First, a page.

If I had to make a list of the questions I’ve been asked recently, ranked by number of occurrences, I think some form of this one would top the list:
“If you were to build an application today, would you use VB6 or .NET?”
This is sort of the development world’s version of the “ultimate question of life, the universe and everything” that so concerned the transdimensional white lab mice in Douglas Adams’ Hitchhikers’ trilogy. Unlike Deep Thought, my answer to this ultimate question actually depends on context—in this case, the sort of system in question. Sometimes that’s specified as part of the question or understood from the context of the discussion; other times, it’s not. For those times when I’m not clear on the type of system, I fire off three pat answers.
A desktop application—no .NET yet
If it’s a monolithic or two-tier (database with some logic) app we’re talking about, and I don’t expect to expand it much, my choice usually surprises people. I’d actually go with Visual Basic 6 over .NET. Why? Well, I’ve found that for relatively simple desktop applications, I just don’t need the complexity and overhead of dynamic compilation and garbage collection that comes with .NET.
I’m also of the opinion that the .NET Windows engine just isn’t up to the performance level of VB6’s Ruby engine, especially at startup. On midrange machines, a .NET app doesn’t give the instant response most users expect. Instead, it seems just sluggish enough to be annoying, though I’m sure this will be corrected in due time through enhancements to the JIT compiler. Add to this the fact that VB6 is very mature, meaning it’s likely to run on most machines without significant trouble, and that there’s no shortage of competent programmers out there who could take over any maintenance, and you’ve got a winning combination.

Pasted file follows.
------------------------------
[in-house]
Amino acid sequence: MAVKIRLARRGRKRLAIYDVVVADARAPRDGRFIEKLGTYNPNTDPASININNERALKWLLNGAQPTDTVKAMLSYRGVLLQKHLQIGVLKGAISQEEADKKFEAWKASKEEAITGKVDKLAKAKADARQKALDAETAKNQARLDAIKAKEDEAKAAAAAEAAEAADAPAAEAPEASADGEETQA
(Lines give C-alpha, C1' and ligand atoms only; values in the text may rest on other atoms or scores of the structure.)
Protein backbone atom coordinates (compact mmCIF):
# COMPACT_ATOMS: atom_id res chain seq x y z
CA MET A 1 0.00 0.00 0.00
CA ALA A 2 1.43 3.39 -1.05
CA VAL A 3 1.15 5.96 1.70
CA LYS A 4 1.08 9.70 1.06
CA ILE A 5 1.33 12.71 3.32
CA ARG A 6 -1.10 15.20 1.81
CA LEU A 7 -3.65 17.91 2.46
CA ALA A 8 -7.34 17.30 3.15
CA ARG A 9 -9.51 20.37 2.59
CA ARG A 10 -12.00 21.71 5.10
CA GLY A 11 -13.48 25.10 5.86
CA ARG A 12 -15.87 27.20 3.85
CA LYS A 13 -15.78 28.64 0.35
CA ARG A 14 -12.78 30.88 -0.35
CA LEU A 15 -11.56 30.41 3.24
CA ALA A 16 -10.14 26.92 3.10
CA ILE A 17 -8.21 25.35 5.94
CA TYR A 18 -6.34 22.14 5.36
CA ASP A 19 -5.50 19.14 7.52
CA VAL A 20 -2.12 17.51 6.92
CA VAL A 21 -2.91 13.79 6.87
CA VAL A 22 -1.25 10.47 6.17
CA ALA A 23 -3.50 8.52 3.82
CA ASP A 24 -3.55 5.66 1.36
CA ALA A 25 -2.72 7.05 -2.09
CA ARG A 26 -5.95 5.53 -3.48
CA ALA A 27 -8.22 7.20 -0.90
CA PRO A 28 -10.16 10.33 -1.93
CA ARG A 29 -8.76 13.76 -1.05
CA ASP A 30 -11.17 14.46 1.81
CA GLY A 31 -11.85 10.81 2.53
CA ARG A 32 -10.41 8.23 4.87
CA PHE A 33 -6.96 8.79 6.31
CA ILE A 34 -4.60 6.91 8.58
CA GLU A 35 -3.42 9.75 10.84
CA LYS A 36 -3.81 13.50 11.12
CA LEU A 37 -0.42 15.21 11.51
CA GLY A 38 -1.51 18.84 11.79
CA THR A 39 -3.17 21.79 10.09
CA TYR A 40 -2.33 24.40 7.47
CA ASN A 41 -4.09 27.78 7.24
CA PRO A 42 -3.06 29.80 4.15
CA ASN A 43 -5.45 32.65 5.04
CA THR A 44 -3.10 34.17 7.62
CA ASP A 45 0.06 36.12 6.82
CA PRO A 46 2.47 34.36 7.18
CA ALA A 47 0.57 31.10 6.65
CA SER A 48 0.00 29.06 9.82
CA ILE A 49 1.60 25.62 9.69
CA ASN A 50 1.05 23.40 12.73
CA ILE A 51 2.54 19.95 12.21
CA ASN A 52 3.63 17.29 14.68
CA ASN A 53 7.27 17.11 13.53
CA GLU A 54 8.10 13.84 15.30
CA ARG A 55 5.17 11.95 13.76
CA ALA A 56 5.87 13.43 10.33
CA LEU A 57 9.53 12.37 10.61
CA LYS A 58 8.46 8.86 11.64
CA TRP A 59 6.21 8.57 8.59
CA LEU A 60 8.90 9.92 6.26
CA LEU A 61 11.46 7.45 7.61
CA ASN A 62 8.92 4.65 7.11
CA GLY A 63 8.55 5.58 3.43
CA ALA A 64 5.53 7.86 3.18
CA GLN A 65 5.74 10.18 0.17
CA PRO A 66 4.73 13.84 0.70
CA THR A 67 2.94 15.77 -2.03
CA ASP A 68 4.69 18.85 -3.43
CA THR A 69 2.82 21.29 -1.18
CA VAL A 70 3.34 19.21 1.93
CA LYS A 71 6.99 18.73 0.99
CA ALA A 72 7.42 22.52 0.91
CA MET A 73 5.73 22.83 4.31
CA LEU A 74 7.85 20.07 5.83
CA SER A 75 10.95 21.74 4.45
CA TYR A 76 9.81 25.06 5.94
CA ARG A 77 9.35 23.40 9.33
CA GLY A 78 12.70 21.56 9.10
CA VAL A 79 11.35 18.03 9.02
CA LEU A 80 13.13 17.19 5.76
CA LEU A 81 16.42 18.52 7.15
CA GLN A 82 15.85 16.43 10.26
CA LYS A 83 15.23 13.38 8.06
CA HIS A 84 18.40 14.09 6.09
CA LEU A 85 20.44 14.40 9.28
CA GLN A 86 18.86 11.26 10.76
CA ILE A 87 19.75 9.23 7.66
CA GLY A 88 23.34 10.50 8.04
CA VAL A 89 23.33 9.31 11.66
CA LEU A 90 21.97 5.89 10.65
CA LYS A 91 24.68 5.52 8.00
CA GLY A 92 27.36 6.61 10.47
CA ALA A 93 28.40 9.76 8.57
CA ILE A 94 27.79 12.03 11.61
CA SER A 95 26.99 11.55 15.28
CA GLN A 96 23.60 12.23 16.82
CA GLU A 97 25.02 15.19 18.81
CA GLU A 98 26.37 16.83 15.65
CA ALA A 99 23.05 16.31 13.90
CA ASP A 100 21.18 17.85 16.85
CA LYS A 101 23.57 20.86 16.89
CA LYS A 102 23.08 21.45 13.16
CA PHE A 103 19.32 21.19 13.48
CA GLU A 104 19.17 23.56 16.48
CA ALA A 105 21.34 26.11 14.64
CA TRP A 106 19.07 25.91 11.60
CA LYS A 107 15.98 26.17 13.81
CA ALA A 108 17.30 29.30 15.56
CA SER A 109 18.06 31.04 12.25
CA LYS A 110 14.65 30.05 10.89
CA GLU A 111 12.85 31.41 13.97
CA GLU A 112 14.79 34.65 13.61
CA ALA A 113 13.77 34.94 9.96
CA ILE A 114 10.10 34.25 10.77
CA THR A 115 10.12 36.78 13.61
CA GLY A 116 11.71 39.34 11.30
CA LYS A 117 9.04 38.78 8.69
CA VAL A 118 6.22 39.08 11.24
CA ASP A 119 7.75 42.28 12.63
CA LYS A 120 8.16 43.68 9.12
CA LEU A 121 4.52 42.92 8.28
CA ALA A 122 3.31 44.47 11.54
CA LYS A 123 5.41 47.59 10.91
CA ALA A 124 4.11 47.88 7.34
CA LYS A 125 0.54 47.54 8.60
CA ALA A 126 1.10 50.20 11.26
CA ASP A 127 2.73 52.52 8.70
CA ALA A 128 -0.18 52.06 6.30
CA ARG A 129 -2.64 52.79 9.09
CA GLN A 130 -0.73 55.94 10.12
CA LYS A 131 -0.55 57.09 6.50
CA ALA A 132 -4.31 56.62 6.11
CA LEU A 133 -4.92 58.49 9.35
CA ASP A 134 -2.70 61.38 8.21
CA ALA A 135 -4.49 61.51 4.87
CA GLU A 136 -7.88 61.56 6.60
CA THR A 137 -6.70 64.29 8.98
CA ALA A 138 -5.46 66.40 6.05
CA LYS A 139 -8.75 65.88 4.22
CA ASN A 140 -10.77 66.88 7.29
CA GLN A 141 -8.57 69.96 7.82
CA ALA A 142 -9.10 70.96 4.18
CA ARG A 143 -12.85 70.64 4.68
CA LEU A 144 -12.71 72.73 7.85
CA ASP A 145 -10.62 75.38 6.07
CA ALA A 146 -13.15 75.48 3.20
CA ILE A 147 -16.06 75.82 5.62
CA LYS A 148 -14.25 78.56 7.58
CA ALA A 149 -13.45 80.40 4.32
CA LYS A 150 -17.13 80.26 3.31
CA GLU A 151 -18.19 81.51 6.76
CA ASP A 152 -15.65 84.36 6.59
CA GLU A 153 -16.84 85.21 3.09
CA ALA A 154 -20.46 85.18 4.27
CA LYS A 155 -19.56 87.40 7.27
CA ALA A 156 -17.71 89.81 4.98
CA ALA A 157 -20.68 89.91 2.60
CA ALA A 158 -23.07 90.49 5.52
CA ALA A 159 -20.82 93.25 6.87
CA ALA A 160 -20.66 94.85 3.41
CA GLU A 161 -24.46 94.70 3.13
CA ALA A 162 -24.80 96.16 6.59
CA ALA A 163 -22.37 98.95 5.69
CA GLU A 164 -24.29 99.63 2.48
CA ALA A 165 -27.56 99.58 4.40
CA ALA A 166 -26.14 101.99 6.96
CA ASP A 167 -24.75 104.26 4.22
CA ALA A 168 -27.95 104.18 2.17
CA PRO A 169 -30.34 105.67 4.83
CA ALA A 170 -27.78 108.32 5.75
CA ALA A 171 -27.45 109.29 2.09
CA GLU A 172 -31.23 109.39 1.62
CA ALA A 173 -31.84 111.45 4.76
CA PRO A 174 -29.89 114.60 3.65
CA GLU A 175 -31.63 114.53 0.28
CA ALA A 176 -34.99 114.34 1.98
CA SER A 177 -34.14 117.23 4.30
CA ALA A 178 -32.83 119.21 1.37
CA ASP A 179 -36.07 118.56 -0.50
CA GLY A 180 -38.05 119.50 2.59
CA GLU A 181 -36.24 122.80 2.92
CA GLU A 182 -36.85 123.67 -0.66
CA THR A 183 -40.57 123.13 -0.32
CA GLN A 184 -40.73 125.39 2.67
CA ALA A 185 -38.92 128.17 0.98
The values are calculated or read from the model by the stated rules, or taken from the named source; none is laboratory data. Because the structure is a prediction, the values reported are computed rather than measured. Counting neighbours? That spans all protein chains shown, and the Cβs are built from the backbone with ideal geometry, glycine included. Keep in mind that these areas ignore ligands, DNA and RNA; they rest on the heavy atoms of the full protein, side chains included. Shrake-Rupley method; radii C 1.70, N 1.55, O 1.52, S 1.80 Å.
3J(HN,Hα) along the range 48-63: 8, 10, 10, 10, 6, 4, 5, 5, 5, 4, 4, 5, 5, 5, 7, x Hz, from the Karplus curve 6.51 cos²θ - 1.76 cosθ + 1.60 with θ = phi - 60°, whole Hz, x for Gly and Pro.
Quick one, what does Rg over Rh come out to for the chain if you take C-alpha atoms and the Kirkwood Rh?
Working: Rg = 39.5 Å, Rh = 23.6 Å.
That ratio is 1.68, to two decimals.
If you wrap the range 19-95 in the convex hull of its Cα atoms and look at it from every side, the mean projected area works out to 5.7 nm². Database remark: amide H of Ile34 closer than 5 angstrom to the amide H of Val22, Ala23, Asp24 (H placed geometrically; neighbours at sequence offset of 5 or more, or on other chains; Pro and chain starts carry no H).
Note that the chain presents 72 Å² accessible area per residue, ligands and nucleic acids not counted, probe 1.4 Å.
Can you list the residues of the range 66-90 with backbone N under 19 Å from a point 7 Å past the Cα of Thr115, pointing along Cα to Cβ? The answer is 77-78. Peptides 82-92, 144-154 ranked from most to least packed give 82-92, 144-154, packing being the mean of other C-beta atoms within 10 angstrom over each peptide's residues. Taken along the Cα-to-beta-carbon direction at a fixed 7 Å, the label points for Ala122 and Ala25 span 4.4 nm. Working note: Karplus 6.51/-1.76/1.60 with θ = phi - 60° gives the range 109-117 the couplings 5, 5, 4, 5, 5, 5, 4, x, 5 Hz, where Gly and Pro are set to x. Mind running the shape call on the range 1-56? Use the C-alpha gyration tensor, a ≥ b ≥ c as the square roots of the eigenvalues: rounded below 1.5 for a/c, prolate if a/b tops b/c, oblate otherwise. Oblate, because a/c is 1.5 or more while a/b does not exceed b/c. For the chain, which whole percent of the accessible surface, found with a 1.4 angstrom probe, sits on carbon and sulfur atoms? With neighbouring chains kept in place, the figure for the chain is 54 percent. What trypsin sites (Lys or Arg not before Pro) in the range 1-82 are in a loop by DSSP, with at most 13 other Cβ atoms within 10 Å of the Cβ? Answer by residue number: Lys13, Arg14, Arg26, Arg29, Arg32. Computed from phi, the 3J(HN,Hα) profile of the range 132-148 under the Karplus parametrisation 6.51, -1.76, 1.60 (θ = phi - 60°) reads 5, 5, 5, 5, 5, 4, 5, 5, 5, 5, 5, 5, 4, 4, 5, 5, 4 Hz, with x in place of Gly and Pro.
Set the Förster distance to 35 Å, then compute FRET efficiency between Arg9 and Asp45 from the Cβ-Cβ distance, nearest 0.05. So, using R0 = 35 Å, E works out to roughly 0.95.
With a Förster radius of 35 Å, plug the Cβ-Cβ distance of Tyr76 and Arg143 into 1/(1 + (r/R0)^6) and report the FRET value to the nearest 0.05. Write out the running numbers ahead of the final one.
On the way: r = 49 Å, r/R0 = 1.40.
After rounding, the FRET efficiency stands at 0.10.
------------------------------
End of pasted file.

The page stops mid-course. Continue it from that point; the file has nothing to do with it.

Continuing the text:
An n-tier desktop app—.NET all the way
On the other hand, if we’re talking about a multitiered application (especially one that will have component logic spread out over multiple machines) with a desktop front end, .NET makes much more sense. For one thing, the new .NET architecture finally gives developers a coherent framework for developing distributed applications and represents a huge improvement over what came before it. COM+ and DCOM always felt terribly convoluted and restrictive to me, full of potential gotchas to snare the unwary developer. For another thing, with ADO.NET, I finally have a data access library in which I can easily cache those all-important database connections and work with my data without tying up one of those connections.
Web front end—no contest
If it’s an application with a Web-based front end, there’s simply no contest. ASP.NET is hands-down a superior development option to ASP. Web developers can now write real code in real programming languages instead of slinging messy script code everywhere. Even if we’re talking about a new front end for an existing COM app, I’d still say ASP.NET is the best option. As Tim Landgrave pointed out in a recent Builder.com article, just because .NET is here, COM doesn’t just go away.
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